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Stedman and Hutchinson, comps. A Library of American Literature:
An Anthology in Eleven Volumes. 1891.
Vols. IX–XI: Literature of the Republic, Part IV., 1861–1889

The Lesson of Life

By Roger Wolcott (1679–1767)

[Born in Windsor, Conn., 1679. Died there, 1767. Poetical Meditations; Being the Improvement of some Vacant Hours. 1725.]

AND is our life a life wherein we borrow,

No, not the smallest respite from our sorrow?

Our profits are they but some yellow dust,

Subject to loss, to canker-eat and rust;

Whose very image breedeth ceaseless cares

In every mind where it dominion bears?

And are our pleasures mainly in excess,

Which genders gilt and ends in bitterness?

Are honors fickle and dependent stuff,

Oft-times blown furthest from us by a puff?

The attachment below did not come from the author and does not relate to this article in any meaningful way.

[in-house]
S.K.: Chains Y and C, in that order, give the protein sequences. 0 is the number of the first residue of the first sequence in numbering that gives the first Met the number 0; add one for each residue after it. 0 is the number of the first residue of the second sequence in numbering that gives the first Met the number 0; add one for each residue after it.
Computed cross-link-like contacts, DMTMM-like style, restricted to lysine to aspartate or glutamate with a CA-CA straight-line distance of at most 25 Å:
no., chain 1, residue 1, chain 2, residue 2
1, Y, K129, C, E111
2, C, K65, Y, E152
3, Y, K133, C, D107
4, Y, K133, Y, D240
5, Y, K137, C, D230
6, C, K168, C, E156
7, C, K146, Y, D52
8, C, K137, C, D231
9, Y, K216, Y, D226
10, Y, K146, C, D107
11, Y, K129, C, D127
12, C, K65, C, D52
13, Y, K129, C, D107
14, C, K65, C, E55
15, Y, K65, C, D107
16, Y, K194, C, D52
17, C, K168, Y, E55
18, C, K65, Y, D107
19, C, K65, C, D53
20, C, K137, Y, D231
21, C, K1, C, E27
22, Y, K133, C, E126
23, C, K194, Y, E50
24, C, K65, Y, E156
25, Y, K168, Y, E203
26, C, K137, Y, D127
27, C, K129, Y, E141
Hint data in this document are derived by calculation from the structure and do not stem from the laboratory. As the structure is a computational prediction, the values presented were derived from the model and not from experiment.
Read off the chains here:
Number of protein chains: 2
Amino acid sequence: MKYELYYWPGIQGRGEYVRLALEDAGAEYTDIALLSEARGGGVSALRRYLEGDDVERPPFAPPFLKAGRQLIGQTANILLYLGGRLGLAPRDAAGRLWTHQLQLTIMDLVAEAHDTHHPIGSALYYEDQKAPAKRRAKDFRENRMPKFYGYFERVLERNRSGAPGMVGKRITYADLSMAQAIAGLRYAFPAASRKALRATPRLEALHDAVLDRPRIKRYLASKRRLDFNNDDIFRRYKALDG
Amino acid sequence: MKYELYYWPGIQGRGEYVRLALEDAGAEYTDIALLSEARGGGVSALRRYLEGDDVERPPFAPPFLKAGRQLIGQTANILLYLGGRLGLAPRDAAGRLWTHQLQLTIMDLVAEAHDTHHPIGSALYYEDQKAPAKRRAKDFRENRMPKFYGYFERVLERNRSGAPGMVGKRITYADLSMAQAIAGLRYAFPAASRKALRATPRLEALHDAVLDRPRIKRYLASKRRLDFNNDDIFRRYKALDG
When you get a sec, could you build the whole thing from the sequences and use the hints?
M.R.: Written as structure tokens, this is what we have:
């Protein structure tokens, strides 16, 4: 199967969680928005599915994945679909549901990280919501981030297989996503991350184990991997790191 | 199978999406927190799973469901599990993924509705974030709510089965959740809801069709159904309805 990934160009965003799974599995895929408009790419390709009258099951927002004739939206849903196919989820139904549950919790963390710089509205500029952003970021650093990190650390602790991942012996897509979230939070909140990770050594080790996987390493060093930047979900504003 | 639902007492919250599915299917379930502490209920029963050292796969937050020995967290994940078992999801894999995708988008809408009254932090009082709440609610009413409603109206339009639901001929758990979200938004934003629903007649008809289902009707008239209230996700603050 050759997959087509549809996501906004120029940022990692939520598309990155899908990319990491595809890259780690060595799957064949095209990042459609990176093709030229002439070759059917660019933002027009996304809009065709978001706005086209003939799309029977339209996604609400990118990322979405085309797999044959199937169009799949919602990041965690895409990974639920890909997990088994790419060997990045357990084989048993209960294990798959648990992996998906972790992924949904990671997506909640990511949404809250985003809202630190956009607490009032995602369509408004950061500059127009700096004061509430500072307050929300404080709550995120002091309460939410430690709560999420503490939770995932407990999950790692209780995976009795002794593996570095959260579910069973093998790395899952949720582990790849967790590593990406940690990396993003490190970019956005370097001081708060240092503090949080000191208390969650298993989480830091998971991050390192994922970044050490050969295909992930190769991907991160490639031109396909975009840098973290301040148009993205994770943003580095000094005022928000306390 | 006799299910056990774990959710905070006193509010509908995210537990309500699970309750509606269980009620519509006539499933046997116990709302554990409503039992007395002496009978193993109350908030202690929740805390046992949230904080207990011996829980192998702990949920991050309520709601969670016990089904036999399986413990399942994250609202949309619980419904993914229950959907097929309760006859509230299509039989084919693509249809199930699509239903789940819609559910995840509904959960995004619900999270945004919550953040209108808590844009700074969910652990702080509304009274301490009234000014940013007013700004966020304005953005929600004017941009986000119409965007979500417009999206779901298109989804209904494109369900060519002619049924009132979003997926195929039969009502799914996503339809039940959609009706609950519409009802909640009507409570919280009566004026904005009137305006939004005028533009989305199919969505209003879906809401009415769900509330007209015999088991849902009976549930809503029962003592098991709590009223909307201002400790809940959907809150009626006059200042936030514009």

Doth pale-fac’d envy wait at every stage,

To bite and wound us in our pilgrimage?

Is all we have, or hope, but adventure?

Then here’s naught worth our stay, let us encounter

The King of Terrors bravely, undismay’d,

As gallant Aria to her Pætus said.

And so might be my choice, but that I see

Hell’s flashes folding through eternity;

And hear damn’d company, that there remain,

For very anguish, gnaw their tongues in twain.

Then him for happy I will never praise,

That’s filled with honor, wealth, or length of days;

But happy he, though in a dying hour,

O’er whom the Second Death obtains no power.